H. Harden‐Davies, D. J. Amon, T. R. Chung, J. Gobin, Q. Hanich, K. Hassanali, M. Jaspars, A. Pouponneau, K. Soapi, S. Talma, M. Vierros, How can a new UN ocean treaty change the course of capacity building? Aquatic Conservation: Marine and Freshwater Ecosystems, 1-6. (2022).
- Few States are able to undertake scientific research in the half of the planet that lies in marine areas beyond national jurisdiction. Capacity building is therefore a key part of the development of a new international legally binding instrument for the conservation and sustainable use of marine biological diversity of areas beyond national jurisdiction, under the United Nations Convention on the Law of the Sea (BBNJ Agreement).
- The final negotiations for the BBNJ Agreement are scheduled for early 2022, after almost two decades of development. There is an urgent need to address remaining questions relating to capacity building to secure an effective and equitable outcome from this process and safeguard the global ocean commons.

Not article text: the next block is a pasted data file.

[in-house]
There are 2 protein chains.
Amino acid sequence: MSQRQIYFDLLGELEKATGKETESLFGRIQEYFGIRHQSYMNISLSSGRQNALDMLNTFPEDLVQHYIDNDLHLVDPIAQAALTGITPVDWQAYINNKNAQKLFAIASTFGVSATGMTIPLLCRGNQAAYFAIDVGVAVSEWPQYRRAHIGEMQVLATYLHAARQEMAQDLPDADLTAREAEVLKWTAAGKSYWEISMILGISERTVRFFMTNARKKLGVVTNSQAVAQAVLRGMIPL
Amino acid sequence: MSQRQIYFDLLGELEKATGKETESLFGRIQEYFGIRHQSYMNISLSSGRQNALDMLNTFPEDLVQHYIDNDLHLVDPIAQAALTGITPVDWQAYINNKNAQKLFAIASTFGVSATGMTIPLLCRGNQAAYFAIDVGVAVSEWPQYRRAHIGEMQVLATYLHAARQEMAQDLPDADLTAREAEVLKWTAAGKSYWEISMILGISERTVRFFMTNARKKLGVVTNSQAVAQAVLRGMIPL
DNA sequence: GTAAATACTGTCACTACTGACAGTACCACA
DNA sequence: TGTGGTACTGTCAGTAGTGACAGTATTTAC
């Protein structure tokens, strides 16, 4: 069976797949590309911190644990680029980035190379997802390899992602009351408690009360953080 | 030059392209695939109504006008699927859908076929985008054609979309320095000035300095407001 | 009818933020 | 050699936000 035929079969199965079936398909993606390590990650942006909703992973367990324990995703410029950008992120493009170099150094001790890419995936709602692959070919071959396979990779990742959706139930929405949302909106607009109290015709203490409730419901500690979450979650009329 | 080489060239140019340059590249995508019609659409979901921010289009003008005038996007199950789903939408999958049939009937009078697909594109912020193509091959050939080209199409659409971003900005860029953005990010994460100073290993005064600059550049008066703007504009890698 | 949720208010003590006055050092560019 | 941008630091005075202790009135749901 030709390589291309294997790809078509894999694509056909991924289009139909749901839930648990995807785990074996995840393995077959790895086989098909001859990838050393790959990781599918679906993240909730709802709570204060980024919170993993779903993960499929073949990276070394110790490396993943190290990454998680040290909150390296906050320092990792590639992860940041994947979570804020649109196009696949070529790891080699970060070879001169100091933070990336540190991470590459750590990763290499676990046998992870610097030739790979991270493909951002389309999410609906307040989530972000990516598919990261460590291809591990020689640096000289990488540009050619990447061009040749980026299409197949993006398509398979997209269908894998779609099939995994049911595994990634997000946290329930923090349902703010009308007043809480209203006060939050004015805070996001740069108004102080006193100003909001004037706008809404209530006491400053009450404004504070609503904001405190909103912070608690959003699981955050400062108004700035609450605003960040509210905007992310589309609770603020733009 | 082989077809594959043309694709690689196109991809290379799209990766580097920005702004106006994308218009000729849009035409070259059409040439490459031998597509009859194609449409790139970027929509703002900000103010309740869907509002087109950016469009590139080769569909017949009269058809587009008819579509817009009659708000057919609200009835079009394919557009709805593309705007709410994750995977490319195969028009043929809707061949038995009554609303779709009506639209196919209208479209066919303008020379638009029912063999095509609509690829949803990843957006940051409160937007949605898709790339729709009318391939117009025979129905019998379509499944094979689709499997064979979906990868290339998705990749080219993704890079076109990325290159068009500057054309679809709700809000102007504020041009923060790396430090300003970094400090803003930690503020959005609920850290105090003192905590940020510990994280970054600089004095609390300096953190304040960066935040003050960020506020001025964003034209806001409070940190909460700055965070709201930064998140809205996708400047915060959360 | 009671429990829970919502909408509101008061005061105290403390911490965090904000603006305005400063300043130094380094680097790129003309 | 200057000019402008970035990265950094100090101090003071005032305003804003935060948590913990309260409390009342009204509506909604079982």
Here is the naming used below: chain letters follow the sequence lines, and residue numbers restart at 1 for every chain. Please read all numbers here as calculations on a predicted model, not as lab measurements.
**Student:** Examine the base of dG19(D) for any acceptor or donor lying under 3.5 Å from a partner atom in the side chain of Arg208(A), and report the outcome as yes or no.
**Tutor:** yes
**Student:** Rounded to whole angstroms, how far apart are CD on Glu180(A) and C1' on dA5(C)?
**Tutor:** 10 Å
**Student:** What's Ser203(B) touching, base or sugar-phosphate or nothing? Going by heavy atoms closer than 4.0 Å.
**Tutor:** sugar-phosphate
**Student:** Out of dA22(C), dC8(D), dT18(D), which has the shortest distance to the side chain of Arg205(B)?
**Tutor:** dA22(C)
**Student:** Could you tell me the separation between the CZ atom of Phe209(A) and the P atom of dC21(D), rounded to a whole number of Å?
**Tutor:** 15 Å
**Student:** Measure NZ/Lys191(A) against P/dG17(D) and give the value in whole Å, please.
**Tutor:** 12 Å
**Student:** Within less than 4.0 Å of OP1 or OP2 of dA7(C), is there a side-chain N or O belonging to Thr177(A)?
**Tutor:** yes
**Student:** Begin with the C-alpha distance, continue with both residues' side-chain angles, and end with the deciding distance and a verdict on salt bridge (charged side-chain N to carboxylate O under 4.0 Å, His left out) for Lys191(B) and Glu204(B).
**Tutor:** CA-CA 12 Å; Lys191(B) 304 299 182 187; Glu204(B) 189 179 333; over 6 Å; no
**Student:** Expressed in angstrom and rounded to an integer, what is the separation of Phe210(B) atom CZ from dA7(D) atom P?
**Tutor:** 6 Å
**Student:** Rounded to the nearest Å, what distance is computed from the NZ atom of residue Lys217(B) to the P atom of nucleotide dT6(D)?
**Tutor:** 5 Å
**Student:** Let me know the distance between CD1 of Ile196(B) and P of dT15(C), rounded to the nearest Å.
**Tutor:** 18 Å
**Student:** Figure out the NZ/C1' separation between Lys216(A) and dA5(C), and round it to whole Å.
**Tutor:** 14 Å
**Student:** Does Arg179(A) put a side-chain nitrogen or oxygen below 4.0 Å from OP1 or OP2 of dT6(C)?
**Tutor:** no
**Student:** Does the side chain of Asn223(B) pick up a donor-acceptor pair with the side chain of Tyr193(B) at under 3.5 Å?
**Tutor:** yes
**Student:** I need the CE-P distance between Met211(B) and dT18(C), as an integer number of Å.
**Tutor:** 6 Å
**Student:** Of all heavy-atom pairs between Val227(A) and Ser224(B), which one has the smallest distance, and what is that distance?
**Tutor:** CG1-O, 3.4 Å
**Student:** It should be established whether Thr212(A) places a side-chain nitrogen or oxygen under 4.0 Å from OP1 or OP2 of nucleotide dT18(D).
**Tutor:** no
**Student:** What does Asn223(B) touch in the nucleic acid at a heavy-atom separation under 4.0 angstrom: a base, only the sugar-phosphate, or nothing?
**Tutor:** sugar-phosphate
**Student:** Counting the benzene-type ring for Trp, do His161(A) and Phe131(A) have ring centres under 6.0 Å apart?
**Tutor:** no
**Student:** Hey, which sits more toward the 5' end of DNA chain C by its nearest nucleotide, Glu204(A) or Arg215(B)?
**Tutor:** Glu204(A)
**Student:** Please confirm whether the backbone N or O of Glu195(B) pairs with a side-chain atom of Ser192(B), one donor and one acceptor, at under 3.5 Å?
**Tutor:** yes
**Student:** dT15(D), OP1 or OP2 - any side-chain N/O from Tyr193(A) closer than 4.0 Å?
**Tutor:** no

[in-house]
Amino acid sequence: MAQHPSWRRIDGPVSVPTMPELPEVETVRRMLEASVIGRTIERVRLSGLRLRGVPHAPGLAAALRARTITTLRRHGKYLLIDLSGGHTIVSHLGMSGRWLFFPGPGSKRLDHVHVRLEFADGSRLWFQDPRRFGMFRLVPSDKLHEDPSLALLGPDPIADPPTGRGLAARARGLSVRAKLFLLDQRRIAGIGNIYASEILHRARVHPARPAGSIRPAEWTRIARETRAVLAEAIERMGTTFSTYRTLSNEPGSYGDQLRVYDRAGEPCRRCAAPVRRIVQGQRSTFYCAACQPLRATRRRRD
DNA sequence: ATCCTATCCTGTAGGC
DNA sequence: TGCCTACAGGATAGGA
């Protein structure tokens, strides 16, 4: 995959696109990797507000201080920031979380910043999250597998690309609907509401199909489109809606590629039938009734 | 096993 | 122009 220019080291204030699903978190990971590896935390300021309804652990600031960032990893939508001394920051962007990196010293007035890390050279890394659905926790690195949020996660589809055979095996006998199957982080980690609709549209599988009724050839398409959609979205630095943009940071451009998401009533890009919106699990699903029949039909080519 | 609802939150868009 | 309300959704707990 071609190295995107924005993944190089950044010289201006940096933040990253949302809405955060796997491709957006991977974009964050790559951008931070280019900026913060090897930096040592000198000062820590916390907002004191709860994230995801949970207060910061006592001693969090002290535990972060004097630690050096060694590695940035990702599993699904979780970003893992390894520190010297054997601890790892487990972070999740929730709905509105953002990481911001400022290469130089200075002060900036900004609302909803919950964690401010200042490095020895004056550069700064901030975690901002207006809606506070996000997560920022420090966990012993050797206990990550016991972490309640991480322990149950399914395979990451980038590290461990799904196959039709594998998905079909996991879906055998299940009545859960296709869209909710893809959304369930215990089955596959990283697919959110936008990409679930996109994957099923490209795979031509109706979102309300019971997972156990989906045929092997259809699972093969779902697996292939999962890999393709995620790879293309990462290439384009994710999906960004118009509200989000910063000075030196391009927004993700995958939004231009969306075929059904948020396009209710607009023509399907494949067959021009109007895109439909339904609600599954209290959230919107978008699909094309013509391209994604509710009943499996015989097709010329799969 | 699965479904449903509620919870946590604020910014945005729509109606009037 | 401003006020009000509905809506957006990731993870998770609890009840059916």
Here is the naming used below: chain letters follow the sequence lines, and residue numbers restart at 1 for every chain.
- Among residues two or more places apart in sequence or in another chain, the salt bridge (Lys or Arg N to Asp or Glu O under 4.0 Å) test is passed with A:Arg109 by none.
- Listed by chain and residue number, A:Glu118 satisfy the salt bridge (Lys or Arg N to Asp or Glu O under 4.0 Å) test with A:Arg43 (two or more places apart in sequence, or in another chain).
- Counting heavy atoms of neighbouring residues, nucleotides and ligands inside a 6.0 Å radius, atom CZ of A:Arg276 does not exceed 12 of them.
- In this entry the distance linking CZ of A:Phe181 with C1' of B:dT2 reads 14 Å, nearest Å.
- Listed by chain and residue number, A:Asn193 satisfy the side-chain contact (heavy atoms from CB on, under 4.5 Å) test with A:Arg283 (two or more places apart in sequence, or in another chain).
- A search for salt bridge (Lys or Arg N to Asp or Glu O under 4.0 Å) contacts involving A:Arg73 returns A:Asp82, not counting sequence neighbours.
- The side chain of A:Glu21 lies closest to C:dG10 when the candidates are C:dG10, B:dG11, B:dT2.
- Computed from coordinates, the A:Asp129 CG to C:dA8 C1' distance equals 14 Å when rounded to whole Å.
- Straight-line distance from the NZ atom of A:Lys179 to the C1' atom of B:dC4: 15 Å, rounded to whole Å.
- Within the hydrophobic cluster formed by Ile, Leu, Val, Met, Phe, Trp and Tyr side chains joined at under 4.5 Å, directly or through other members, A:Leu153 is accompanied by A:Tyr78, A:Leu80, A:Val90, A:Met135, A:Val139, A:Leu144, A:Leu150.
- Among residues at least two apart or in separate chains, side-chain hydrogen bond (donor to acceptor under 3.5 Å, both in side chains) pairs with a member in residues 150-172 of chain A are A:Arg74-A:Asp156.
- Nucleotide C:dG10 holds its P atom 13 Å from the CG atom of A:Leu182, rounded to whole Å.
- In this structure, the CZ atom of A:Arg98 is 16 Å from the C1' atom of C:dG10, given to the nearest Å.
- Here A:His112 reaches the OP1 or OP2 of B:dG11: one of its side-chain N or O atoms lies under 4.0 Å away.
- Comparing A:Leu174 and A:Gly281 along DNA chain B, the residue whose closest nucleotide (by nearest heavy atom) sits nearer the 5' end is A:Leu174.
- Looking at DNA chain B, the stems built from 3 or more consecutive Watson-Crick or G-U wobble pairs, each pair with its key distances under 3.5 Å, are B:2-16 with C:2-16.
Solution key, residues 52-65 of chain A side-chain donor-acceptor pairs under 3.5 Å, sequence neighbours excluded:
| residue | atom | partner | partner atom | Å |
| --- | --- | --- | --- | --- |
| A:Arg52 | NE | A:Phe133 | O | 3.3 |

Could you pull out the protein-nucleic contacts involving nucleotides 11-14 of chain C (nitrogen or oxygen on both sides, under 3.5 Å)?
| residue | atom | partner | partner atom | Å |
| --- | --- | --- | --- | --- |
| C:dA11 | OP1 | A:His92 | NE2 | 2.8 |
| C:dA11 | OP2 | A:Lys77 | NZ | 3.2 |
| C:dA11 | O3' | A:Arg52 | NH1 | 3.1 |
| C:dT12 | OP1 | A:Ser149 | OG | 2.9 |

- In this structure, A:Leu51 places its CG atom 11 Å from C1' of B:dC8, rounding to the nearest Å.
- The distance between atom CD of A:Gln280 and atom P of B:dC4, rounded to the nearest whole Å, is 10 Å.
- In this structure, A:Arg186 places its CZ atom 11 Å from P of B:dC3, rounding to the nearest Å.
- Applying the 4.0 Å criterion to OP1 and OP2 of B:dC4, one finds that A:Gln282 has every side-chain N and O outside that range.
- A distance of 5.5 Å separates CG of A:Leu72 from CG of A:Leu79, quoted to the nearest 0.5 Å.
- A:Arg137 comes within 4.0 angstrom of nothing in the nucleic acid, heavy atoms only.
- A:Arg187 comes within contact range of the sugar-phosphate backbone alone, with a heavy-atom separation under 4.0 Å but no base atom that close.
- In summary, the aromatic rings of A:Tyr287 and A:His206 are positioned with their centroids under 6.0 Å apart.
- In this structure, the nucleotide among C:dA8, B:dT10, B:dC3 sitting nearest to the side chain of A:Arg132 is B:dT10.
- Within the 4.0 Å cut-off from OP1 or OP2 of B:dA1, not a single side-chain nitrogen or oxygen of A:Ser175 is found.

- Persisting gaps in scientific capacity cast doubt on the adequacy of past and current approaches to implement long-standing international commitments. There is a need to build equitable partnerships for long-term outcomes.
- As an international legally binding instrument, the BBNJ Agreement is a critical opportunity to change the course of capacity building by strengthening the international legal framework, including funding, information-sharing, monitoring and decision-making.
- This rapidly closing window to develop international legal obligations, collaboration frameworks and funding mechanisms is relevant not only to the conservation of the global ocean commons, but also for ocean sustainability more generally as the UN Ocean Decade begins.